- The Washington Times - Thursday, March 20, 2003

LONDON, March 20 (UPI) — The first salvo in the long-awaited and much anticipated war on Iraq was fired in the early hours of Thursday, instantly resonating on television screens around the world. But the only outward sign that anything was amiss in Baghdad was Saddam Hussein wearing eyeglasses.

Initial reports said that as many as 40 Tomahawk missiles were fired from U.S. Navy vessels somewhere in the Arabian Gulf, and that stealth aircraft participated in an attack against "targets of opportunity" in central Baghdad.

This was not yet "the" commencement of hostilities. The best has yet to come.

Naturally, the first news reports came with some confusion, as can well be expected, and as is always the case in such situations. War, after all, is far from an exact science. Any seasoned soldier will tell you that once the first shots in a conflict are fired, all the best-laid plans are subject to immediate change and review.

But in what must certainly be the most pre-planned war and the one to have received the most media coverage before it ever began, what quickly became apparent that the attack was not the official "anticipated start of the war."

Nevertheless, President George W. Bush went before the world's television cameras from his Oval Office in Washington, to inform friends and foes alike, that once the real war began, coalition forces would use "decisive force," and that there would be "no half measures."

Victory, said the president, would be certain.

Television viewers around the world were even privy to the American president having his makeup applied and his hair combed before delivering his speech.

But it was not long before rumors started to circulate among the multitude of television channels offering live reports from Baghdad, that Saddam Hussein and other high ranking Baath Party officials had been the "target of opportunity" that had precipitated the sudden attack on the Iraqi capital.

From CNN, to Britain's BBC and ITV networks, French, Italian and Spanish news stations, and to the half-dozen Arabic-language networks with correspondents in Baghdad — al Jazeera, Abu Dhabi TV, Middle East Broadcasting and others — all offered their version of events, which strangely enough, were all quite similar.

Images from static camera positions, abandoned on rooftops by departing news crews not wanting to be caught out in the open once the bombs started to rain, offered various views of a strangely serene looking Baghdad.

But within an hour Saddam dissipated the rumors of his premature death, to paraphrase Mark Twain, "before they were widely exaggerated," and appeared on Iraqi state television.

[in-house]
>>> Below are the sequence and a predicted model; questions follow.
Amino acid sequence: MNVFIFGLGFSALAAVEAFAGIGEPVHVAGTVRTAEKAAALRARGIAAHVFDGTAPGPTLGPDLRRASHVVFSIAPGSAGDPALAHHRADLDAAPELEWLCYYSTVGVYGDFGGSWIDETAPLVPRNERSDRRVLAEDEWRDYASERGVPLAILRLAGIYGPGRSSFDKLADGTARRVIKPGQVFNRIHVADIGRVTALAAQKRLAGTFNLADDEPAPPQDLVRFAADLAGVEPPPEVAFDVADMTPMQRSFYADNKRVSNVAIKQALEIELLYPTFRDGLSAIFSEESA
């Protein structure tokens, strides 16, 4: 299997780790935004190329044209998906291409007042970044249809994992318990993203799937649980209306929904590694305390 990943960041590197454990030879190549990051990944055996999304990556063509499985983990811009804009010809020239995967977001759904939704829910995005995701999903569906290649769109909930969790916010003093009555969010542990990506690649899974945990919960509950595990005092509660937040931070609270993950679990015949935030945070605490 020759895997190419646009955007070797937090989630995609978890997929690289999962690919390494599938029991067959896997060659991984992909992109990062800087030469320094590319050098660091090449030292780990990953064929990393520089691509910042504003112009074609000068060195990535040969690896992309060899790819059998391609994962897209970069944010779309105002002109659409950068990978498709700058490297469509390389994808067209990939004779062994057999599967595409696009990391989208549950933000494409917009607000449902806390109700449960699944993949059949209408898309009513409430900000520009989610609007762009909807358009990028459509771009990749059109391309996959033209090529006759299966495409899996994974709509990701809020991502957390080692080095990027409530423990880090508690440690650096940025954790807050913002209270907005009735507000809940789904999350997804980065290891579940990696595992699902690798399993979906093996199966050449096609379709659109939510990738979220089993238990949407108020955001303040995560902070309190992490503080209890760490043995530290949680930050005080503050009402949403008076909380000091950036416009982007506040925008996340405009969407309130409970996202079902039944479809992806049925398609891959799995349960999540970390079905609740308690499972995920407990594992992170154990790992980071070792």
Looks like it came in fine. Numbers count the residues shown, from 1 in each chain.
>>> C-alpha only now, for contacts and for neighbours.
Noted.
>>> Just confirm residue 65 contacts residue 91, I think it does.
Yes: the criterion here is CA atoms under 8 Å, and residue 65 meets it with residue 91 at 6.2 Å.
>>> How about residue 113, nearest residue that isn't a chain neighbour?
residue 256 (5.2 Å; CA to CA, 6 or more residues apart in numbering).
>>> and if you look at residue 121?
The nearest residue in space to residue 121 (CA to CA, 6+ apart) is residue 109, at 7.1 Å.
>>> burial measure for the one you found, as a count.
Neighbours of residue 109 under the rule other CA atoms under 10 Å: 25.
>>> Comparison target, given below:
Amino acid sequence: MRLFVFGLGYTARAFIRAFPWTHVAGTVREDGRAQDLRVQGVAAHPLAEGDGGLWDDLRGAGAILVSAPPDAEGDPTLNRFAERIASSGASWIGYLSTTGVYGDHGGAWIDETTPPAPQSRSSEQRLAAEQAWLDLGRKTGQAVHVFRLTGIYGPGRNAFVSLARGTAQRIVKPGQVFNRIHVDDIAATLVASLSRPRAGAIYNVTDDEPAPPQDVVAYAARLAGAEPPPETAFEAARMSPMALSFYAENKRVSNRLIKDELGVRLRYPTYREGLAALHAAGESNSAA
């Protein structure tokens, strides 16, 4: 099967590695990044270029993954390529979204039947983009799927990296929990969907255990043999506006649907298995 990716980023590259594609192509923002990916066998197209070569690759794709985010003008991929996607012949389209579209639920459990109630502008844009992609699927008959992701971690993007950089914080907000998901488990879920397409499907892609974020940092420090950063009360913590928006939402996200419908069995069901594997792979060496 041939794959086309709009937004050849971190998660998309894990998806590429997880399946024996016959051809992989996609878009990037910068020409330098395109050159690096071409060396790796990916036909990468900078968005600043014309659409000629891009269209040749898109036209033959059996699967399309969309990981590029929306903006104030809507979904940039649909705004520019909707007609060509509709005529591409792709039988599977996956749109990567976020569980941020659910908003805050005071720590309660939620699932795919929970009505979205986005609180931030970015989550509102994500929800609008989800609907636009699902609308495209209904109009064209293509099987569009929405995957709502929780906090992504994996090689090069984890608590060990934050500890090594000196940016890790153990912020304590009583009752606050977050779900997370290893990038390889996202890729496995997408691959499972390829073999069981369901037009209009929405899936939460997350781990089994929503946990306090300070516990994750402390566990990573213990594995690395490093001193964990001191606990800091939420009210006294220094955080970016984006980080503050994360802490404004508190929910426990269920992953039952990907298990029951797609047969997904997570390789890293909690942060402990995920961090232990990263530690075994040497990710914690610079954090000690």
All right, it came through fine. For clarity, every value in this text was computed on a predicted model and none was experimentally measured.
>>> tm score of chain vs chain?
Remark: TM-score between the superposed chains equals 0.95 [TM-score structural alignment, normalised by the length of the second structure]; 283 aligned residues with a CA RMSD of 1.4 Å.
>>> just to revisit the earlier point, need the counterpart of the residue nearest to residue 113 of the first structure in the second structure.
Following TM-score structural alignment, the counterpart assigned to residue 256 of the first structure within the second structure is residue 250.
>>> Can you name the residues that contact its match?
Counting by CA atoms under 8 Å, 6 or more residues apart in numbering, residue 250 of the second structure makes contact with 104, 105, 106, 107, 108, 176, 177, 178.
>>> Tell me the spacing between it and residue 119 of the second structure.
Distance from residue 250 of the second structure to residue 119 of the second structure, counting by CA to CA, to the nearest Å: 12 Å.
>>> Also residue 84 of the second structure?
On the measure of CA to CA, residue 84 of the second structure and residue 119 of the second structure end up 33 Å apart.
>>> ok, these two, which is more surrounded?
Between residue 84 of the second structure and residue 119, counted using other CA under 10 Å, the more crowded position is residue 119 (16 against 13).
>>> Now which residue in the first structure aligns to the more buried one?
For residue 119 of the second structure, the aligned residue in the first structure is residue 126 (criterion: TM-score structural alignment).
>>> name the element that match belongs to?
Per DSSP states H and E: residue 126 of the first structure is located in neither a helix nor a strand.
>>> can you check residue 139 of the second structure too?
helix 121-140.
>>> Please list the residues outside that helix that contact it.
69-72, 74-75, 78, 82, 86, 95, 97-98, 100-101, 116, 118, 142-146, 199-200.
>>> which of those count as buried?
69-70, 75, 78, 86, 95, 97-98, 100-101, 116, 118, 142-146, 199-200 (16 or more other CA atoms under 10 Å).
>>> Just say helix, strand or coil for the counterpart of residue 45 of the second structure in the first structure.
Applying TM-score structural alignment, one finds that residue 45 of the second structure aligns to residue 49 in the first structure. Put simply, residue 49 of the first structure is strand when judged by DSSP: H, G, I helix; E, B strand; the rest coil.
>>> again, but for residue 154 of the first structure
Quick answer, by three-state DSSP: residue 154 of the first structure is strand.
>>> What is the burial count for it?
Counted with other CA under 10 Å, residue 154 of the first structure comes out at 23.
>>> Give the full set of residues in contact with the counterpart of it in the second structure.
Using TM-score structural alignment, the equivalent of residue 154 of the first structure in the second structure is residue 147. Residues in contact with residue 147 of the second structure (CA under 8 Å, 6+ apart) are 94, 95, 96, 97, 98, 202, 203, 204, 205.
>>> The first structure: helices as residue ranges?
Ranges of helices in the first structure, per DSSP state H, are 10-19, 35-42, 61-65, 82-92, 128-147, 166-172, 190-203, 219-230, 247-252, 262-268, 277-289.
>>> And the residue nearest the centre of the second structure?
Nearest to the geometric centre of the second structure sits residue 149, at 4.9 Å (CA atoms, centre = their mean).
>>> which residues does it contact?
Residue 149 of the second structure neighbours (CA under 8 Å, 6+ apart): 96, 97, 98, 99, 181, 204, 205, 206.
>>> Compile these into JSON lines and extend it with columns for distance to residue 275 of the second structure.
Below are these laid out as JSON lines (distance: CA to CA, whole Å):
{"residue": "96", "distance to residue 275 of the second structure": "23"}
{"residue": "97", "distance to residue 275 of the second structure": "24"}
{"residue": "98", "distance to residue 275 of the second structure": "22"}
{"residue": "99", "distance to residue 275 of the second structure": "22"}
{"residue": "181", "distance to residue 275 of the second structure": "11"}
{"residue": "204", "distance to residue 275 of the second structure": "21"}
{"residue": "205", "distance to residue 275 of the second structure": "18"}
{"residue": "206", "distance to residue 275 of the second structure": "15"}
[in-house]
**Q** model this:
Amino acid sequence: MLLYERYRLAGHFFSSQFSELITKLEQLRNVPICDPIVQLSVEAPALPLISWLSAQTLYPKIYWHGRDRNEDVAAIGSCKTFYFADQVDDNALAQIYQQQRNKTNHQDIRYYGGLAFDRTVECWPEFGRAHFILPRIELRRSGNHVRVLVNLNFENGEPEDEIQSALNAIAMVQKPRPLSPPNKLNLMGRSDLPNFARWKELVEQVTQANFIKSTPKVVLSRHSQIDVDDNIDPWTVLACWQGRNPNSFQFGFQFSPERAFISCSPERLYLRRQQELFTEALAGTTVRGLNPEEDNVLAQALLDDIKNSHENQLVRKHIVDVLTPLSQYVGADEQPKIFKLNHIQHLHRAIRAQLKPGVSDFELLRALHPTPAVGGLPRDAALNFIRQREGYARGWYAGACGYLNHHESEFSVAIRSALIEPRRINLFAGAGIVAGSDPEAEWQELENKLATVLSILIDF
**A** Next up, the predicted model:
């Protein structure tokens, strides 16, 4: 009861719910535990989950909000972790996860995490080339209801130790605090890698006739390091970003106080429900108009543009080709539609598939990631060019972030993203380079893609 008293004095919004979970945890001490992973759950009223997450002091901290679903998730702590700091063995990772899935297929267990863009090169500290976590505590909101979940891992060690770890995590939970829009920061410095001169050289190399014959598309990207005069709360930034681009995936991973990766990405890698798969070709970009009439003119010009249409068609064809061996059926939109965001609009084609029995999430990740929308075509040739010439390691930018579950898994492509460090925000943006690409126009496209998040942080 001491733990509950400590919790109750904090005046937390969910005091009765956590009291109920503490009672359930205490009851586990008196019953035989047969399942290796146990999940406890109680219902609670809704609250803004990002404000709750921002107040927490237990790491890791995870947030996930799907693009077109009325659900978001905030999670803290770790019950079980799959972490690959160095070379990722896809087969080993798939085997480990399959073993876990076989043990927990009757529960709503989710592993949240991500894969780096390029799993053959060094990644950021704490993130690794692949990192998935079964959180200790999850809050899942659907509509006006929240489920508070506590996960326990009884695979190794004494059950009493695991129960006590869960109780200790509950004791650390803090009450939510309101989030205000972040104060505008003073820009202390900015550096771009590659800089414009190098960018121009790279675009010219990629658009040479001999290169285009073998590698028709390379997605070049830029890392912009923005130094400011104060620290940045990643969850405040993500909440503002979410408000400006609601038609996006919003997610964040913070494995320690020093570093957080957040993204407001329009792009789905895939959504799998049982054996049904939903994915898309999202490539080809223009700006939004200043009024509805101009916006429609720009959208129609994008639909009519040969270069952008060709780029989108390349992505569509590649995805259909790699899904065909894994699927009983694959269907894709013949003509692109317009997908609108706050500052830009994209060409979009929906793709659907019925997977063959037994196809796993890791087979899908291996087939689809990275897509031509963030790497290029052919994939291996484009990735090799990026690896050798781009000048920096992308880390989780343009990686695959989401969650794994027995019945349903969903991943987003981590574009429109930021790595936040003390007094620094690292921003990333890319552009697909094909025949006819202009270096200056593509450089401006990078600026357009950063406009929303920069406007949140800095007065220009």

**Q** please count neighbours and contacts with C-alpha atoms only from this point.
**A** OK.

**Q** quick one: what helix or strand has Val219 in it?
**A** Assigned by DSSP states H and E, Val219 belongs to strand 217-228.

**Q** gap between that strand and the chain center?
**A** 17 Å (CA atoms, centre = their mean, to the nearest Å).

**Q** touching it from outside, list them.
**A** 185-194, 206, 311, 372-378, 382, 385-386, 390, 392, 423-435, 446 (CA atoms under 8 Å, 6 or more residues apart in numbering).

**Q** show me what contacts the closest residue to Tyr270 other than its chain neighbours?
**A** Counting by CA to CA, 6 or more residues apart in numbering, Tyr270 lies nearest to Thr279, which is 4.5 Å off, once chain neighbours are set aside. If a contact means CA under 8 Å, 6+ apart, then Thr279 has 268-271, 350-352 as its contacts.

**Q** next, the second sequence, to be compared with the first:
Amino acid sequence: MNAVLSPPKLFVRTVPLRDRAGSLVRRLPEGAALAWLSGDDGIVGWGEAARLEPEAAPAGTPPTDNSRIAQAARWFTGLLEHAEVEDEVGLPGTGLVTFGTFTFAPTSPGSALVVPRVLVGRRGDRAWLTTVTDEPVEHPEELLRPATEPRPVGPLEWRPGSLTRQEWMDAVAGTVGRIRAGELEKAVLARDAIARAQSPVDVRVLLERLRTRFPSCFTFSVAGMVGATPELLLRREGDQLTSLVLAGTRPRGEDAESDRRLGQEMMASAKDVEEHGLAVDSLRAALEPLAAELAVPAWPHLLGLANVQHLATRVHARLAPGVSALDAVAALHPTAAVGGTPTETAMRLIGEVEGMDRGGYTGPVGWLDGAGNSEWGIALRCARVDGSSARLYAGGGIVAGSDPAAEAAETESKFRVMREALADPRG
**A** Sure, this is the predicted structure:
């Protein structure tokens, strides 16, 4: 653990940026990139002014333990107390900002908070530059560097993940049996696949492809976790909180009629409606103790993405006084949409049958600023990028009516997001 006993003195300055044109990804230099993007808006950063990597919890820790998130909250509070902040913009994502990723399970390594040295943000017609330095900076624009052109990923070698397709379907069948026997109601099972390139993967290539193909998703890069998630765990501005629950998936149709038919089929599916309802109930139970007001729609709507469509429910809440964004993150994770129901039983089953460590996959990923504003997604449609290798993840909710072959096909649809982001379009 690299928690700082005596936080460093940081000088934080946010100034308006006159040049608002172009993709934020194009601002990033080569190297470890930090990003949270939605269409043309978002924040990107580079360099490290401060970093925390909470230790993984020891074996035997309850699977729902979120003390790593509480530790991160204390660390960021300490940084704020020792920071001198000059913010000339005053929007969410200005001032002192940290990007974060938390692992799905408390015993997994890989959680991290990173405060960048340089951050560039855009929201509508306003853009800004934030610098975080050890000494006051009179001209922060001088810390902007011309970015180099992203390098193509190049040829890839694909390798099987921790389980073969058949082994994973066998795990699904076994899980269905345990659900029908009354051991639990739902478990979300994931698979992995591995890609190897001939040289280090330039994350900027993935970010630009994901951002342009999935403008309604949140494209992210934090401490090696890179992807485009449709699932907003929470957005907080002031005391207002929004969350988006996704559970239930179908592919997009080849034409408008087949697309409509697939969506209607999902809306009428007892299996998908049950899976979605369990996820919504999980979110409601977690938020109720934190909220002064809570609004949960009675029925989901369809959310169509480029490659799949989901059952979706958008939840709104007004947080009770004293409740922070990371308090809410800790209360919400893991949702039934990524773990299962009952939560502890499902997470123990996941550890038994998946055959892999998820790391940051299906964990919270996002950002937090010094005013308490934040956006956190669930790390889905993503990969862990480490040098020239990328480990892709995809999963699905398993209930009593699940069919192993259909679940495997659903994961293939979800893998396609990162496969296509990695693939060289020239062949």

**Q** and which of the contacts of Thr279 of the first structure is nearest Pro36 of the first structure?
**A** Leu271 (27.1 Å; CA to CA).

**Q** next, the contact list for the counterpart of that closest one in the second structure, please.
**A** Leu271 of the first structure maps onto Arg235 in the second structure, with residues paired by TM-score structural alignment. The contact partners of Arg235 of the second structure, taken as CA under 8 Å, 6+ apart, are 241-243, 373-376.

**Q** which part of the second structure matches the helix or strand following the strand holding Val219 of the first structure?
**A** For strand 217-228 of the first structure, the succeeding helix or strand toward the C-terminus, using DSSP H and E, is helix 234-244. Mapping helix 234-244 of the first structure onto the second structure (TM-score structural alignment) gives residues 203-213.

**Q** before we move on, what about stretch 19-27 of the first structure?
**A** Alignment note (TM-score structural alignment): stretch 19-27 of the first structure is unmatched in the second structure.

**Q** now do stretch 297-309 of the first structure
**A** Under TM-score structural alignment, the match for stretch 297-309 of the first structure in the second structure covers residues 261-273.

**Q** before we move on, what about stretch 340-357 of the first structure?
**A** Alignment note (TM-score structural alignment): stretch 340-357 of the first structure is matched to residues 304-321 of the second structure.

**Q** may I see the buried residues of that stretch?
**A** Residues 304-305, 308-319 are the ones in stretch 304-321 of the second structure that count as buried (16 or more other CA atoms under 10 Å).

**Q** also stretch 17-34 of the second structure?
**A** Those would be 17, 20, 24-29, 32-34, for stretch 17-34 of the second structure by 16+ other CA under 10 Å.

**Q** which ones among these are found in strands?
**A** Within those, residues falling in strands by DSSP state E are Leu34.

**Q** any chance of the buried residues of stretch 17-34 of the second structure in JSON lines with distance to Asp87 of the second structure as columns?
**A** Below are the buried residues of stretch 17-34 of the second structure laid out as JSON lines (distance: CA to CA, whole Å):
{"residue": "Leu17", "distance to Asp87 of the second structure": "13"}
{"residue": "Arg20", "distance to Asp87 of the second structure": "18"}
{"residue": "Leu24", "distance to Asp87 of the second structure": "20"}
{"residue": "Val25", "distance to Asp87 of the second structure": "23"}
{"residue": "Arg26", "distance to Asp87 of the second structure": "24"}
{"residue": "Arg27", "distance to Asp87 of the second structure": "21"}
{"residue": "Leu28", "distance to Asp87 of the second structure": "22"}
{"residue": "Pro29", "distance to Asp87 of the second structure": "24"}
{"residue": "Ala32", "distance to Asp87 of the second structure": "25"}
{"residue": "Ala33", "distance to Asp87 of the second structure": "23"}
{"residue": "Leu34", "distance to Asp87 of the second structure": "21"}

For someone who supposedly had just escaped an attempt on his life, the Iraqi leader looked remarkably calm and composed. He read a statement urging his people to "raise their swords" against the invaders — a sentence he repeated at least four times.

Saddam read his statement from what were obviously notes haphazardly scribbled on a spiral notebook, from which he jumped back and forth, much as a reporter would when consulting his notes.

Dressed in a clean, neatly pressed military-style uniform, he did not seem like someone who had just escaped an attempt on his life. The only obvious and blatantly noticeable difference to anyone aware of Saddam's habits, was the fact that he wore thick reading eyeglasses, something the Iraqi leader always has avoided doing in public.

Always vying for perfection — or at least to appear as such in front of his people — the 65-year-old Iraqi strongman would always have the texts of his speeches printed in extra large font so he could easily read them and appear as though he possessed perfect 20/20 vision.

Always conscious of his image, Iraqi television cameramen are under standing orders never to show him walking more than just a few steps, so that his limp does not show.

But once the coalition forces now numbering 35 countries, according to Bush, commence their offensive aimed at ousting him from power, Saddam may well have much more to worry about than his image.

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(Claude Salhani is a senior editor with United Press International.)


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